• Don’t personally attack people.
    • Use such phrases like, “I have a different view,” “I see things differently,” or “What about this?”
    • Reiterate the other’s person’s viewpoint before offering your own.
    • Clarify the other person’s viewpoint first.
  2. Keep your creative teams diverse. Include new people and women and men.
  3. Make sure the brainstorming leader is affirming and not overbearing and that he doesn’t unintentionally drive his personal agenda.
  4. Create spaces in your office area that encourage frequent and spontaneous interactions.
  5. Don’t allow one person to dominate brainstorming sessions. Sometimes a ‘know-it-all’ can shut down creativity.
  6. Be observant of something called ‘social loafing,’ our tendency to feel less responsible for a project in a group than when doing a project alone. Some on your team may sit back and let the rest of the team generate the ideas. Guard against that. Studies with a rope tug-of-war showed that blindfolded people who believed they were pulling a rope alone pulled 18% harder than those who thought they were on a team (Karau & Hart, 1998). However, the more cohesive the group, the less social loafing.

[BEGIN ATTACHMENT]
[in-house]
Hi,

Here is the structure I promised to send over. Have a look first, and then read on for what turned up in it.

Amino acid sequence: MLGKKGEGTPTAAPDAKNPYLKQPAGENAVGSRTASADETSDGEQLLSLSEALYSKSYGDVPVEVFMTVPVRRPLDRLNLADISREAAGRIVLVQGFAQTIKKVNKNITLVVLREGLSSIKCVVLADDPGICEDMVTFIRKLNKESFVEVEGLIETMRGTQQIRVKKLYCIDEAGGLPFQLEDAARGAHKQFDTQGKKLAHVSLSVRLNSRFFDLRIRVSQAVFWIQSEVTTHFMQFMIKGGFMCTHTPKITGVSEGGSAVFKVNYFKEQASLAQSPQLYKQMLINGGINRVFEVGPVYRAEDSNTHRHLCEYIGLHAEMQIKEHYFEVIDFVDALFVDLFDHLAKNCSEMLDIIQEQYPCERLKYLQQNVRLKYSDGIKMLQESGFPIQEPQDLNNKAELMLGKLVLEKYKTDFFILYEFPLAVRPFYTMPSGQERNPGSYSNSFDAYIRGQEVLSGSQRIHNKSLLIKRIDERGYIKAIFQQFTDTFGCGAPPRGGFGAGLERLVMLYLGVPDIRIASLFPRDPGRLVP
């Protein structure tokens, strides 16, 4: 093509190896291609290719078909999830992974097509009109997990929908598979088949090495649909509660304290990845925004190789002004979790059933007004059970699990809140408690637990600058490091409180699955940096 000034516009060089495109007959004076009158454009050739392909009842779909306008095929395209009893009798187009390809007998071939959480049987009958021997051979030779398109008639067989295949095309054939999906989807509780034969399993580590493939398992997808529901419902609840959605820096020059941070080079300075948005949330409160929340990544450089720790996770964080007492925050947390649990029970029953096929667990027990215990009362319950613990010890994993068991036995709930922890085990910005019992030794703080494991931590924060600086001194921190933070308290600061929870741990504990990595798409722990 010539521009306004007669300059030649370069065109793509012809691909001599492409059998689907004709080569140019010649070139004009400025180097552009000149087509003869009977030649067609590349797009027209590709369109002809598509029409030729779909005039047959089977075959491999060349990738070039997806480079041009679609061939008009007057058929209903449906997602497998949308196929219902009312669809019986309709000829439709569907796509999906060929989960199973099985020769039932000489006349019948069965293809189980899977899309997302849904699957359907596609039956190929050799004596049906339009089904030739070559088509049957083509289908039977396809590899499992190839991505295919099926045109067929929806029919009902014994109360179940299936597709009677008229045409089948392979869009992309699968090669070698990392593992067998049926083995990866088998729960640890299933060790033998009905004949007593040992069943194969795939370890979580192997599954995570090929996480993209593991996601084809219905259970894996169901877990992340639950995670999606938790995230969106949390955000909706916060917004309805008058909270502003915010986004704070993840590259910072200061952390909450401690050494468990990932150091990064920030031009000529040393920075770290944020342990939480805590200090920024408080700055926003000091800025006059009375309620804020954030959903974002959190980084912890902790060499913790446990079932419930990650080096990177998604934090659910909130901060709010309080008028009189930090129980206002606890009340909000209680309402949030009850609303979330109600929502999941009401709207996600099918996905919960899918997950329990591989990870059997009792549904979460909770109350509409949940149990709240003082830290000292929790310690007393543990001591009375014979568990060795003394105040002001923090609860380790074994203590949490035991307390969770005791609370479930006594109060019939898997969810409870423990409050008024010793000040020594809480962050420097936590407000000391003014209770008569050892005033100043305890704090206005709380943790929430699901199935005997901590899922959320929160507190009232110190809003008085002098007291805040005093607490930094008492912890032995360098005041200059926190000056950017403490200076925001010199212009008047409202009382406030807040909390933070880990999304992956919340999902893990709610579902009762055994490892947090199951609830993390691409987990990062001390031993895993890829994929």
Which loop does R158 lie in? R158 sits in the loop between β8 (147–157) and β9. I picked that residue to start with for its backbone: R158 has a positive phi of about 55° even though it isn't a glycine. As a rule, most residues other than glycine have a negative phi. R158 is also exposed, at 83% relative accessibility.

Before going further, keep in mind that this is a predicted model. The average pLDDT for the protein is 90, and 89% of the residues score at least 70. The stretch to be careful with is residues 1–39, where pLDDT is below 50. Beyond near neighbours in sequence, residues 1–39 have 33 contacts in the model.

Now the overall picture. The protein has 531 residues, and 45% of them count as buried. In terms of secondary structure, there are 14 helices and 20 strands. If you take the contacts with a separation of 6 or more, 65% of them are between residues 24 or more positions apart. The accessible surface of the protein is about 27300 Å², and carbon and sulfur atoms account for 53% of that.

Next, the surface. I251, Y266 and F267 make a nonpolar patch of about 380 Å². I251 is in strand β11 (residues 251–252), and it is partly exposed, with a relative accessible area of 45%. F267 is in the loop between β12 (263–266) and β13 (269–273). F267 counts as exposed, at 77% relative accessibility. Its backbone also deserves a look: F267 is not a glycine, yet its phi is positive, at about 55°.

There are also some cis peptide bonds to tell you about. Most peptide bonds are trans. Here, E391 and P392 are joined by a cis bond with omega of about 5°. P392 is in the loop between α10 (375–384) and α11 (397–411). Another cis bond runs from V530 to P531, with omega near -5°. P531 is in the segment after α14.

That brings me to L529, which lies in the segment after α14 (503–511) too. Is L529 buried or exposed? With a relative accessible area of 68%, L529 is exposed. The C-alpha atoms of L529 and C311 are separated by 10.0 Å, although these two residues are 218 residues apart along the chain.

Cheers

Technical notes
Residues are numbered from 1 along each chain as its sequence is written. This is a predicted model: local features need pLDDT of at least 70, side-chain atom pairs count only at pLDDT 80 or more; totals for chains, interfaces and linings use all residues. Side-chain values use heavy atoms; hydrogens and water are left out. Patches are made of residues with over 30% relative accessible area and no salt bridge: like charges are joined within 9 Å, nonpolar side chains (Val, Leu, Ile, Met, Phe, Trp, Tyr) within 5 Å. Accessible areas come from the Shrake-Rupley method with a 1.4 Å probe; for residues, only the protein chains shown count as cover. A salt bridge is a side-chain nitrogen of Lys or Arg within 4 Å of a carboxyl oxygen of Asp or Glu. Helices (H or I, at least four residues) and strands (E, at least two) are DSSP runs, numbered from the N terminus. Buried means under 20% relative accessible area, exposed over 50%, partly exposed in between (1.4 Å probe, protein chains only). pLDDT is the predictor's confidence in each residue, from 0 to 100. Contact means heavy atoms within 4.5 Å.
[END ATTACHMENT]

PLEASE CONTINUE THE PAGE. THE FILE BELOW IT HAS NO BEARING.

7. When beginning a creative session, the leader should acknowledge that everyone is on equal footing and that she wants everyone to feel that they can contribute.
  8. Before your brainstorming session, ask the team members to generate ideas on their own and to submit them in writing before the session.
  9. Be wary of too much group harmony in creative sessions. Artificial harmony that fosters a ‘too nice’ atmosphere can stifle appraisal of alternatives.
  10. When trying to solve a problem in a brainstorming session, challenge the group to present counterintuitive solutions (i.e., what’s obviously not the solution to the problem). This approach can foster even more creativity.
  11. Provide an incubation period to let ideas simmer. If you give the team a brain break and encourage daydreaming, when they come back to the problem, solutions often arise (Sio & Ormerod, 2009). Sometimes ideas come to us while doing something moderately taxing and daydreaming at the same time (i.e., taking a shower or walking on a treadmill). It’s called unconscious thought theory, UTT, (Dijksterhuis & Nordgren, 2006) that proposes that solutions to complex problems often come when we are intentionally not trying to solve them.